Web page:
It might be worth pointing out that some of the imagery used in Genesis could almost be seen as a poetic counterpart to Darwin's theory, and the general order of creation (earth - animal - man) is maintained. The best parallel in my opinion is between the statement "the earth was formless and empty" and the thought of a very early earth (let us say 4 billion years ago, approximately) which was covered with magma and randomly shifting rocks in such a way that it might have been called "formless." "Empty" may be another matter, for technically it wasn't so. But the thought that "the earth was formless and empty" combined with that image of magma and random shifts of rock seems to me to be a very beautiful one.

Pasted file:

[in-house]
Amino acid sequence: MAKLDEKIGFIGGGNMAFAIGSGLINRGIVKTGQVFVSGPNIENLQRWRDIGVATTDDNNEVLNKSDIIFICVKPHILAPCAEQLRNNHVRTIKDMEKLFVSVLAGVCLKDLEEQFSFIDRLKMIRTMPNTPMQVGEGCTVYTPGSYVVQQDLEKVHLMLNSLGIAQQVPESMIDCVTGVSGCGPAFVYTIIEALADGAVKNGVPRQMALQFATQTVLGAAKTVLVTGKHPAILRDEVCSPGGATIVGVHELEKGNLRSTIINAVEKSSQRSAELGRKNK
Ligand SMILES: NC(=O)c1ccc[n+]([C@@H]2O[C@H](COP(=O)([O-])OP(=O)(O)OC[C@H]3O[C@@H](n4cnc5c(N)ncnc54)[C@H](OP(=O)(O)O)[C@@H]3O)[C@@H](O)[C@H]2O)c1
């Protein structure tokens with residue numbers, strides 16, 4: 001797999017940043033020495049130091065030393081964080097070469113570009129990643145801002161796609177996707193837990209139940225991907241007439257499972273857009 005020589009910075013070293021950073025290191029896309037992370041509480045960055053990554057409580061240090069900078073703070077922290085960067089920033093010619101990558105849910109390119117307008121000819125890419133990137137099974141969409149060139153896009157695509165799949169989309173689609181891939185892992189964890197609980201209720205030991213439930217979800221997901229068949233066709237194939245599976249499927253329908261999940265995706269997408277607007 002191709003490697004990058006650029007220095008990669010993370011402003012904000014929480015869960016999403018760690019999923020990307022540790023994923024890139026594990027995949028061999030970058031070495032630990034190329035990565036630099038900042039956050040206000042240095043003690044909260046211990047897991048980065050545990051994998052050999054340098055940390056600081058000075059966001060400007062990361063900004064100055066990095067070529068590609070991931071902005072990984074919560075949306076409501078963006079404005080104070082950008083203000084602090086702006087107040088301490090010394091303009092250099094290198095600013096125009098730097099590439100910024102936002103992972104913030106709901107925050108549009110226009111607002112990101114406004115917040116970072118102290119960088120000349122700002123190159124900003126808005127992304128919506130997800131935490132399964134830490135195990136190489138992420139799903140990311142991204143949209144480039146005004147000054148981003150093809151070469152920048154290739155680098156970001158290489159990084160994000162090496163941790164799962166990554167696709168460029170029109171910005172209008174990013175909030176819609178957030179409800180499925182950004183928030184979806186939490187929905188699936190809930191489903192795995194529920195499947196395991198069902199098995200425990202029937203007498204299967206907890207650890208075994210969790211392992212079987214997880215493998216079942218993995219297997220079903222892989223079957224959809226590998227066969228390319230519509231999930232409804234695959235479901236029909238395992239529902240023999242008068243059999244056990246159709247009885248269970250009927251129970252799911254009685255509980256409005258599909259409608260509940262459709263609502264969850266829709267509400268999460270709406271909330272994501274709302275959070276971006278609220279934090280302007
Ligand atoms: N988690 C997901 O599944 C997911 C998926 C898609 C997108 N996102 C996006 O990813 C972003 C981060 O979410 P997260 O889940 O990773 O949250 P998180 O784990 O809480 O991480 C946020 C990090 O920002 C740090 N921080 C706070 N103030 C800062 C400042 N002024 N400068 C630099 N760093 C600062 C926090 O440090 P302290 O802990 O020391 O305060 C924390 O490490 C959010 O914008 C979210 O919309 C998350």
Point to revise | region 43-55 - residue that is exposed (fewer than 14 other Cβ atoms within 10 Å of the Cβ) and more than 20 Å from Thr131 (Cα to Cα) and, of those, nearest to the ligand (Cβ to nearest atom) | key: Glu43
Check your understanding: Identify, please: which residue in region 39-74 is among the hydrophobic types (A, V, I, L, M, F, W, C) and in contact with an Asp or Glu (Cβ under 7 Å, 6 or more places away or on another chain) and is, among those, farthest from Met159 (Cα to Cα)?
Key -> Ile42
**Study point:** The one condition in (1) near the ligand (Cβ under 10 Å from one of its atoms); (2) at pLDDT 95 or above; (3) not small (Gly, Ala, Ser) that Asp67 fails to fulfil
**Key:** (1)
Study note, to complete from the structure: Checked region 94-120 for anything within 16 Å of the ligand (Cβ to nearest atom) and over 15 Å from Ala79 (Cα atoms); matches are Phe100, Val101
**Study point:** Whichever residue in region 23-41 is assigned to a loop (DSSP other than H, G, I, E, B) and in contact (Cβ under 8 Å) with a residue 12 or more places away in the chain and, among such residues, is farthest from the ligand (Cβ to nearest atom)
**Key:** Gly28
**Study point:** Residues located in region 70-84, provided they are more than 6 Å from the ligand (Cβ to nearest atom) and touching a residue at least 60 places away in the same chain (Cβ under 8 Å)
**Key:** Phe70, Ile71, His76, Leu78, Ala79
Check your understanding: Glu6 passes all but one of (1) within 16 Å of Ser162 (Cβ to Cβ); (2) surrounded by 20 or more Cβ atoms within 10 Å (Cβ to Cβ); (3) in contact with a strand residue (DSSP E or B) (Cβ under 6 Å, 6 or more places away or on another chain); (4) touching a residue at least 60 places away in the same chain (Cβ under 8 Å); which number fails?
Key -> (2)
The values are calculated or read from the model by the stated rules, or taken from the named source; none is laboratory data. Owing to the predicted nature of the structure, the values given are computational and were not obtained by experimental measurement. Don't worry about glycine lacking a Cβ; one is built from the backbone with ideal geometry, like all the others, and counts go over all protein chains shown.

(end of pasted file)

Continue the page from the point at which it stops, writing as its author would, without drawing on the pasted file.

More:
I suppose I should try and give people somewhat of an idea of what sort of blog to expect. The Ongoing Saga will not be a political blog--but neither will it be apolitical. It will not be a blog focused necessarily upon themes of religion, philosophy, theology, or any combination of the three, but those subjects have as much of a chance of coming to mind as any. Frankly, Sharp Cheddar Cheese: The Ongoing Saga should be expected to be about a lot of things: My transition from high school to college and my life in college afterwards, religion, morality, life, God, politics, and anything else that comes to mind. It will also likely serve as a creative outlet for creative writings and drawings and whatnot. So, really, Sharp Cheddar Cheese will be about just about anything that goes from mind to keyboard to weblog, just as when one writes in a notebook, one often writes about whatever can make its way from mind to pen(cil) to paper. And so we see that perhaps the two new starts are not so disparate after all.